Advanced Video Camera and Editing

Editing Aesthetics

The advent of consumer non-linear editing software has broadened the exclusive club of professional video production to just about anyone with a computer and camcorder. But editing is much more than using a technological innovation. Editing itself is an artistic profession equivalent to that of painters, playwrights and poets. From their unconscious, creative depths, the editor synthesizes images into meaningful patterns that profoundly moves the audience. The cuts are never arbitrary, but are, in fact, motivated by the editor’s creativity and judgment of what the story is about.

Images: Creative Commons

There is a joke that illustrates what is considered the novice approach to editing, where an image is cut to every single significant word in the script or dialogue. This form of literalism was spoofed in an edition of the BBC's The Frost Report when host David Frost called this form of literalism the 'Lord Privy Seal.' Images of a Lord, a privy and finally a seal (subject to some interpretation) are edited respectively to the mention of the words "lord, privy, seal." Some might call the result an artless, uninspired and second-rate piece of work.

What motivates the cut?

The motivation behind the cut is to advance the story, providing new information as it moves forward. When the shot no longer adds any crucial information or slows down the story, the editor cuts to the next shot to show the audience something different.  The expression ‘cut from the gut’ is a fitting way to describe how editors decide when to cut. Sometimes it becomes important simply to trust your instincts. Often the editor will find a way to withhold information until the most effective dramatic moment, not to frustrate the audience, but to keep them interested or riveted. As the editing progresses, new and unexpected bits of information get revealed until there is resolution.

Despite its technical challenges, editing can be learned in a short time. But editing is a skill that is often acquired over a period of years. The advantage of digital editing technology is such that anyone with basic skills can easily experiment on new ways to link shots together, coming up with ingenious alternative patterns for sequences. Nevertheless, whether it’s feature films, news and documentaries, or corporate videos, the objective is the same – to maintain the audience’s interest. There are certain rules to follow, but rules are meant to be broken, although not in a haphazard way. An innovative editor who ‘cuts from the gut’ can find ways to intrigue audiences with something that throws them by surprise. But an editor who sets up the audience’s expectations unintentionally, using a shot that has no good reason to be there, or assembles a sequence that is incoherent, will ultimately disappoint.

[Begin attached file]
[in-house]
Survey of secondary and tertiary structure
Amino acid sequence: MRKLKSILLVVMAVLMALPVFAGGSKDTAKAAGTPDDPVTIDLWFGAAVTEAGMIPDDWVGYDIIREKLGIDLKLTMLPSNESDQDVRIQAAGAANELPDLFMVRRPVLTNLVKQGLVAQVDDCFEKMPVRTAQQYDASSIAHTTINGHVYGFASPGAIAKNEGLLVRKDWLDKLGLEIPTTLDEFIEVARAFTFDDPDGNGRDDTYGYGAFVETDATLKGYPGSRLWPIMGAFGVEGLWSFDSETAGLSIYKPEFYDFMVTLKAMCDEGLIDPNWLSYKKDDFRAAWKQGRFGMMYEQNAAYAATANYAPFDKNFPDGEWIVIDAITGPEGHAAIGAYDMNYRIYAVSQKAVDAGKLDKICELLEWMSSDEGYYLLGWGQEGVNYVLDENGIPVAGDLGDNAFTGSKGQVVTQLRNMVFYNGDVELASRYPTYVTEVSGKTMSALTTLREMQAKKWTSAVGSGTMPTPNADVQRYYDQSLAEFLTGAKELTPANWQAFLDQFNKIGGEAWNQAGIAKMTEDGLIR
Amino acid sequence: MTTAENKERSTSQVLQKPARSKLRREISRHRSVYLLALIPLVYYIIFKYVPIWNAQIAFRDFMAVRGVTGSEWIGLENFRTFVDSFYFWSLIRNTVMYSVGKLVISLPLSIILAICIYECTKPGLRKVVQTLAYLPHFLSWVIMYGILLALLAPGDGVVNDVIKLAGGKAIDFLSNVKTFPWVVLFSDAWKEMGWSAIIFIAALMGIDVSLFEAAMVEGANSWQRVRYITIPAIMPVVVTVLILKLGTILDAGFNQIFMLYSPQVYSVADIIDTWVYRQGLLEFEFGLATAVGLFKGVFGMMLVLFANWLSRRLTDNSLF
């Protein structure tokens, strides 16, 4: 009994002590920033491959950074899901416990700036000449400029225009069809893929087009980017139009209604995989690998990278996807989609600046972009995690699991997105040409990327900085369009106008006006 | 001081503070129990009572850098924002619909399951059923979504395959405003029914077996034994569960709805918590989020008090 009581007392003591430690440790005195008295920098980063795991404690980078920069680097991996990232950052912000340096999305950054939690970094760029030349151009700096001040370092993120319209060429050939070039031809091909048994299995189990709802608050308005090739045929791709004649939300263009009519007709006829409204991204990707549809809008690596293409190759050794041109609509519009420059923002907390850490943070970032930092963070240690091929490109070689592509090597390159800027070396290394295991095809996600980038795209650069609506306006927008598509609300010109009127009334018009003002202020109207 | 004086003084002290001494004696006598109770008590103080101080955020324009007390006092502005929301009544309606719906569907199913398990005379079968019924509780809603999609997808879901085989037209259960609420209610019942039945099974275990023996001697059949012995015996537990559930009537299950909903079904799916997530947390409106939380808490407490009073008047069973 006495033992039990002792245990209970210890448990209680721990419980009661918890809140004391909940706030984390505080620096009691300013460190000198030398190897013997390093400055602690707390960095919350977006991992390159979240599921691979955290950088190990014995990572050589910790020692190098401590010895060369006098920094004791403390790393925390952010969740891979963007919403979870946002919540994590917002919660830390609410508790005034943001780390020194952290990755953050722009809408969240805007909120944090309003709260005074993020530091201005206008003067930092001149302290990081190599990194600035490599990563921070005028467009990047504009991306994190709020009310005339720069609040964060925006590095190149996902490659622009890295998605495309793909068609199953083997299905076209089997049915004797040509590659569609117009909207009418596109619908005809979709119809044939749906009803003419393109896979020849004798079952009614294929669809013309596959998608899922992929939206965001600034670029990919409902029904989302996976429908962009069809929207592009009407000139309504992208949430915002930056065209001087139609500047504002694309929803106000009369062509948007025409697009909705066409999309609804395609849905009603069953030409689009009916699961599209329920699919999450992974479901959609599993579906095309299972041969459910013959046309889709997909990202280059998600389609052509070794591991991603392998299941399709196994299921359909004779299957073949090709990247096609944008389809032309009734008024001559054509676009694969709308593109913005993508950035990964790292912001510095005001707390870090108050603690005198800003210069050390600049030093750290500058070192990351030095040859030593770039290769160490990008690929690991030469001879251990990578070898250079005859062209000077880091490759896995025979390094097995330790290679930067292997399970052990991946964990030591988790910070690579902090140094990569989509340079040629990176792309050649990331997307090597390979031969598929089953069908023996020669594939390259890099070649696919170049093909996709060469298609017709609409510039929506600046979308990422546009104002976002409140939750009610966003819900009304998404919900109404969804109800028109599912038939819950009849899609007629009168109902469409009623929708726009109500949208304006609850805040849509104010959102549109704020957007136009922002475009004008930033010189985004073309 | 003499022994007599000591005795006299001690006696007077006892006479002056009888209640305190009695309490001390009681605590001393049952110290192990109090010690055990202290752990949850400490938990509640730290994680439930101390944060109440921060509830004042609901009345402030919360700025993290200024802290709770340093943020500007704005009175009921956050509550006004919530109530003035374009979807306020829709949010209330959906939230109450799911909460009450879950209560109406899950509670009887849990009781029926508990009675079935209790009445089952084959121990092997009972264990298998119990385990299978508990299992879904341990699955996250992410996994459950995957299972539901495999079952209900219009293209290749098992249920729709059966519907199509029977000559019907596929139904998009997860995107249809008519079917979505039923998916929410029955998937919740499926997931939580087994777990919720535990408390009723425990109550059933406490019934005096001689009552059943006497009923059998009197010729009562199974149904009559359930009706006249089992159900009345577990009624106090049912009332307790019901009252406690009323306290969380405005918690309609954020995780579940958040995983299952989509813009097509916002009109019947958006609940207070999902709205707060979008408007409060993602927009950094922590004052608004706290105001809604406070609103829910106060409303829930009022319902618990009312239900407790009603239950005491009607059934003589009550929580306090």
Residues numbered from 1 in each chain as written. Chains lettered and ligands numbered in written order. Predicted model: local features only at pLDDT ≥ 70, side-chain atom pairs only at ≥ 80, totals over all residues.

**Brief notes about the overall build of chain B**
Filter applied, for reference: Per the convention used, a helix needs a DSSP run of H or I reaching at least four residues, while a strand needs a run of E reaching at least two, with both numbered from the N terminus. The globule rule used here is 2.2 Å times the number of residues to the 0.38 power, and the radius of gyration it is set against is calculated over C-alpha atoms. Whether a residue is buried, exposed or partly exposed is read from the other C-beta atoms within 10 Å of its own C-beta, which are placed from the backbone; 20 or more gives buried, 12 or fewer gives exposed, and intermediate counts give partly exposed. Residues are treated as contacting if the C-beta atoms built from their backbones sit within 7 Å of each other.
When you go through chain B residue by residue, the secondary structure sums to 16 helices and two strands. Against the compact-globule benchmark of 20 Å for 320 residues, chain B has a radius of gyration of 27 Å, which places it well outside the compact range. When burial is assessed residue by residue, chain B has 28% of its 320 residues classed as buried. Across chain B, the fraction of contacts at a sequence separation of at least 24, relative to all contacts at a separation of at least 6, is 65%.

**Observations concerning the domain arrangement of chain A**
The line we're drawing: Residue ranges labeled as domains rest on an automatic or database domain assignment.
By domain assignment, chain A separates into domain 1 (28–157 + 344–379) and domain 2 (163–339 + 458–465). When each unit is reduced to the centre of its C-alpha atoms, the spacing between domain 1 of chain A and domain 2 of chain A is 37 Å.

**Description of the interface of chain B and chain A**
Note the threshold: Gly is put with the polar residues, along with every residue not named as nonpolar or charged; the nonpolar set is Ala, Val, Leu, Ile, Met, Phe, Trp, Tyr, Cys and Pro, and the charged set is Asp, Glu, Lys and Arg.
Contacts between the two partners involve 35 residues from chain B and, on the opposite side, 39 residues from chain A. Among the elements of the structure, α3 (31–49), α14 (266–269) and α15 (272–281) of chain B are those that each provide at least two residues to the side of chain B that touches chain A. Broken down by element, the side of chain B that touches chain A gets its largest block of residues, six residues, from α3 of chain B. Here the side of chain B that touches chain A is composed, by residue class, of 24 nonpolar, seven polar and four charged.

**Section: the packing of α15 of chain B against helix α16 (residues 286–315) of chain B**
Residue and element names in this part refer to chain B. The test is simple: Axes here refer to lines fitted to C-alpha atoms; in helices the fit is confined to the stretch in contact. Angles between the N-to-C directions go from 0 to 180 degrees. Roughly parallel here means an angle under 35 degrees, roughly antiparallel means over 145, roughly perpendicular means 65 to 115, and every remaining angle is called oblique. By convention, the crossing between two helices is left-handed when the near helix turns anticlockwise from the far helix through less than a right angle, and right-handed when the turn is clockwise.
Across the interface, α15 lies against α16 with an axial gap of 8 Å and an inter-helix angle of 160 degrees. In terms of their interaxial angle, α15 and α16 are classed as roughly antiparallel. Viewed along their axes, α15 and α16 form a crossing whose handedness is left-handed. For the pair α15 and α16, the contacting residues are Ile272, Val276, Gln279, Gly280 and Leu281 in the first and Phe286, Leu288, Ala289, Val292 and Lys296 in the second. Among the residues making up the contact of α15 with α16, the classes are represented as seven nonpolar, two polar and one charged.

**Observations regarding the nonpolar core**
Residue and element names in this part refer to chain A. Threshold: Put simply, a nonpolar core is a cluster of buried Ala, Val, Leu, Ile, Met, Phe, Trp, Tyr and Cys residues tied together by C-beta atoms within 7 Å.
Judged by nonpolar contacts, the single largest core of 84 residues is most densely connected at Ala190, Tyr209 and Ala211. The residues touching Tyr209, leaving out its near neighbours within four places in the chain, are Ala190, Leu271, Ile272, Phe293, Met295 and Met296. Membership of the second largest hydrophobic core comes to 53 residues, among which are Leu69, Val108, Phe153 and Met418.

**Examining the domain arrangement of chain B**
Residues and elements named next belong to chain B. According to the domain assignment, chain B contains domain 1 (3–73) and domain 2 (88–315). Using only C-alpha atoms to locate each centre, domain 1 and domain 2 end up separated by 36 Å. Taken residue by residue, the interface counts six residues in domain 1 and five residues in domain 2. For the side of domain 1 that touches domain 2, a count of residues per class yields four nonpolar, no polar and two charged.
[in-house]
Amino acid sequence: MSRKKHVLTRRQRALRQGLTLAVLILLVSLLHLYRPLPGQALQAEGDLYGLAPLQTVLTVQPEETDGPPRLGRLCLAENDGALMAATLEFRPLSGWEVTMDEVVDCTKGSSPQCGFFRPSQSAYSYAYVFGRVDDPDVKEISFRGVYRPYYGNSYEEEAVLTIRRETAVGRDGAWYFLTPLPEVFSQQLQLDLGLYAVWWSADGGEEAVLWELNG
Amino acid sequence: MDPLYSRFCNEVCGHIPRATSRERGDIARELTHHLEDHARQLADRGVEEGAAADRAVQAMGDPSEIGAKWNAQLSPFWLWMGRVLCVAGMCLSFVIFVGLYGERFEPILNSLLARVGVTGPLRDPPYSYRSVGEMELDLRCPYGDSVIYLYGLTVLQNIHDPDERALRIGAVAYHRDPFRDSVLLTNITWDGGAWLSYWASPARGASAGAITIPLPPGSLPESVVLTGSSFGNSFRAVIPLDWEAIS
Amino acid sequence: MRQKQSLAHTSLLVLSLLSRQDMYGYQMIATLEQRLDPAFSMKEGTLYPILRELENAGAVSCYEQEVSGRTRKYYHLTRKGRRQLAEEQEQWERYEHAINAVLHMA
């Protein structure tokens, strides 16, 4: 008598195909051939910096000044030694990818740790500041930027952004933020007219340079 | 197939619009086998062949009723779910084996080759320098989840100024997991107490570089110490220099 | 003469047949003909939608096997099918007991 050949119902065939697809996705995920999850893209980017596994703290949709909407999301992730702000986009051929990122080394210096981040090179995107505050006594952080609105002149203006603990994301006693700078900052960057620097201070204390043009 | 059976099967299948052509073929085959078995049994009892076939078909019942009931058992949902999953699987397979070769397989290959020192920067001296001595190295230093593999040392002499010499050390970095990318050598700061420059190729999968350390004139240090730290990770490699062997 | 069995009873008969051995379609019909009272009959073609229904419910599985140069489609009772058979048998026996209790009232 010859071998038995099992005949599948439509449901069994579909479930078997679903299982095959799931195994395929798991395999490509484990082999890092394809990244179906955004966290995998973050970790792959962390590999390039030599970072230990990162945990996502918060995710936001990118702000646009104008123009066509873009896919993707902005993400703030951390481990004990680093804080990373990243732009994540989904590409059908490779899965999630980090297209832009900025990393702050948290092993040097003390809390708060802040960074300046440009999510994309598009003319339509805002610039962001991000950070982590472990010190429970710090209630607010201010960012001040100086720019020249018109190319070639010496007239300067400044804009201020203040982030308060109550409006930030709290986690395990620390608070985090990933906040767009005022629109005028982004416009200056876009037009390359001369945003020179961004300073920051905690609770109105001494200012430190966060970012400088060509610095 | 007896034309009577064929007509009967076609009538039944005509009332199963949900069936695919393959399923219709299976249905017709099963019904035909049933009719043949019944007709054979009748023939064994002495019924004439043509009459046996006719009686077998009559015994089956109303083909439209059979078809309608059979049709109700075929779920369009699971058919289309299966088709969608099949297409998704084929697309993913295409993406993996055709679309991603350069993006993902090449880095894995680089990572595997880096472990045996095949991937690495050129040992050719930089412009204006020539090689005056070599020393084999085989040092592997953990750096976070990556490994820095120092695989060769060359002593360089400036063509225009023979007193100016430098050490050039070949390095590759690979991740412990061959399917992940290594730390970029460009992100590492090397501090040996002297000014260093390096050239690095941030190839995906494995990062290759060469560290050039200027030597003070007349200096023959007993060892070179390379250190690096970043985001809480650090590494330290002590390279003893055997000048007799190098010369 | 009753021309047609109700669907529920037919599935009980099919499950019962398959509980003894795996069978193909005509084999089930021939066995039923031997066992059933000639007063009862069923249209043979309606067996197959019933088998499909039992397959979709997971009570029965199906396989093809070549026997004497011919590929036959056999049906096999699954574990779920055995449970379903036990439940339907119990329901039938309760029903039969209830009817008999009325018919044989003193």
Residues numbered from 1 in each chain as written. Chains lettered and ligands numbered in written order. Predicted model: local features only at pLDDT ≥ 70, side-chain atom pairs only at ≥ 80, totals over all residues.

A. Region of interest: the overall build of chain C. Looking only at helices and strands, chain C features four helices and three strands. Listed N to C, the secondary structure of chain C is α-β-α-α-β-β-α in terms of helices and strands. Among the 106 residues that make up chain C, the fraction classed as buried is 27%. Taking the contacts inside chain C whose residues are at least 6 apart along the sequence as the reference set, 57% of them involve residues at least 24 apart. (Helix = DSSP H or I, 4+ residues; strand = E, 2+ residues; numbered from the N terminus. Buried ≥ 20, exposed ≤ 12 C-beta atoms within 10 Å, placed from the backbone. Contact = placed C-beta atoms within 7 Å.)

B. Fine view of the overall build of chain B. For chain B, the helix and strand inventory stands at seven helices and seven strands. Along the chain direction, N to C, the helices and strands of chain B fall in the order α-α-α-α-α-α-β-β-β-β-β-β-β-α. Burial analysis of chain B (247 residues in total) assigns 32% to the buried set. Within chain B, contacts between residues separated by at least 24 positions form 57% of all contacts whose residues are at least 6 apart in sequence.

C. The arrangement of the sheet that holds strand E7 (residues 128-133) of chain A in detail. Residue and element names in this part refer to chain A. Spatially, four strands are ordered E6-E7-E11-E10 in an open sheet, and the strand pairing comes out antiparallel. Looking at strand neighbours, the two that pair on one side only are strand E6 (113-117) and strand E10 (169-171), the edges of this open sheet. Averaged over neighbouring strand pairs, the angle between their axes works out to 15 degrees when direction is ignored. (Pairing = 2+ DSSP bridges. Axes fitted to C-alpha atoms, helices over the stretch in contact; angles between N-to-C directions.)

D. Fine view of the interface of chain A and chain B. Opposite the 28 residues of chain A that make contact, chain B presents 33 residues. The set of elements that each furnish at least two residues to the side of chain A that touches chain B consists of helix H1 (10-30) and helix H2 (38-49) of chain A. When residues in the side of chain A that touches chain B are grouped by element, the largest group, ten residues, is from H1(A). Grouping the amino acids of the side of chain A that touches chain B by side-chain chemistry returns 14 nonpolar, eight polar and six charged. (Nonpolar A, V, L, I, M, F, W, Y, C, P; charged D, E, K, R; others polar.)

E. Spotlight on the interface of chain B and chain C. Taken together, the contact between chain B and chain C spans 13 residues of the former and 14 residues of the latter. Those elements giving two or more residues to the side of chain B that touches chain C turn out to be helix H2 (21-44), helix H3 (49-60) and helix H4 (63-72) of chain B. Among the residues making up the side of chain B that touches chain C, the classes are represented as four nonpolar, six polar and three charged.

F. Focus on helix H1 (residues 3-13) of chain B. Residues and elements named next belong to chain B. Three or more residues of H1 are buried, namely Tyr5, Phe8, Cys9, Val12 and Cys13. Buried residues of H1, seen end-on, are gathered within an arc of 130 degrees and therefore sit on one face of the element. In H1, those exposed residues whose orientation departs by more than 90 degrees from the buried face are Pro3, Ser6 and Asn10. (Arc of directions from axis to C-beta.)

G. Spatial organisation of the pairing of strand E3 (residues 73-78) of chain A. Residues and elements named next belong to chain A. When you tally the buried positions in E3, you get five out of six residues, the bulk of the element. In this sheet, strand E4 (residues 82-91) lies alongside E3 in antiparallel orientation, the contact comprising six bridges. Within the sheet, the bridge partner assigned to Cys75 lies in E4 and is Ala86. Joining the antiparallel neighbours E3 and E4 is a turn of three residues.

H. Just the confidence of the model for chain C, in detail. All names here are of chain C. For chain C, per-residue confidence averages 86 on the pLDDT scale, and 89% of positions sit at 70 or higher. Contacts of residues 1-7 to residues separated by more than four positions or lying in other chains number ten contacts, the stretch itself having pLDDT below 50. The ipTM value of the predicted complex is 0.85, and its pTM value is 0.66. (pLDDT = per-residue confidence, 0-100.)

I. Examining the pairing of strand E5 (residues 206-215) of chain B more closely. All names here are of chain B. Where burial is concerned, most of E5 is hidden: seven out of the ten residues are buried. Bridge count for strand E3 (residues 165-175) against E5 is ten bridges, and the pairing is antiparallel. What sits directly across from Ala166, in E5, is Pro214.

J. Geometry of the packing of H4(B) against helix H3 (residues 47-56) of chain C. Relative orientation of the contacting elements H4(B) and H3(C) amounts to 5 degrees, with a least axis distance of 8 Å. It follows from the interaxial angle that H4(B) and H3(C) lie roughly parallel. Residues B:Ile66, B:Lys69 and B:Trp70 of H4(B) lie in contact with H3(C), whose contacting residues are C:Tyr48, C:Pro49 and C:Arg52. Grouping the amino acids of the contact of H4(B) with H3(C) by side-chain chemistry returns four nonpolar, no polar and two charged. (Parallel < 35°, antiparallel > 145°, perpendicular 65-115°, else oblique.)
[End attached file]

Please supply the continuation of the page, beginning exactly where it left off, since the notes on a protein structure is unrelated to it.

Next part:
The challenge in editing is to assemble a number of images that create continuity, or a sense of logical progression from one image to the next. However, the goal of editing is to create a final product that not only maintains continuity, but one that is dramatically effective. Master of suspense filmmaker, Alfred Hitchcock, once said that, ‘drama is life with the dull bits cut out’. Indeed, editors are seemingly capable of manipulating time and space, transforming what is Real Time into Dramatic Time. However, editors need to be clear about the purpose of the scene.

Editing relies on the juxtaposition of images, but ultimately the editor decides how to assemble the images in a way that is dramatically effective. Their decisions are helped if they are given a variety of angles from which to choose, providing more options for cutting. Sometimes editors are not given many choices, or they are given too many. But the meaning of the story as a whole helps the editor make decisions on how to reconstitute a scene from the raw materials that are generated during the production process. That is, the footage and sound that exist after the shooting is complete.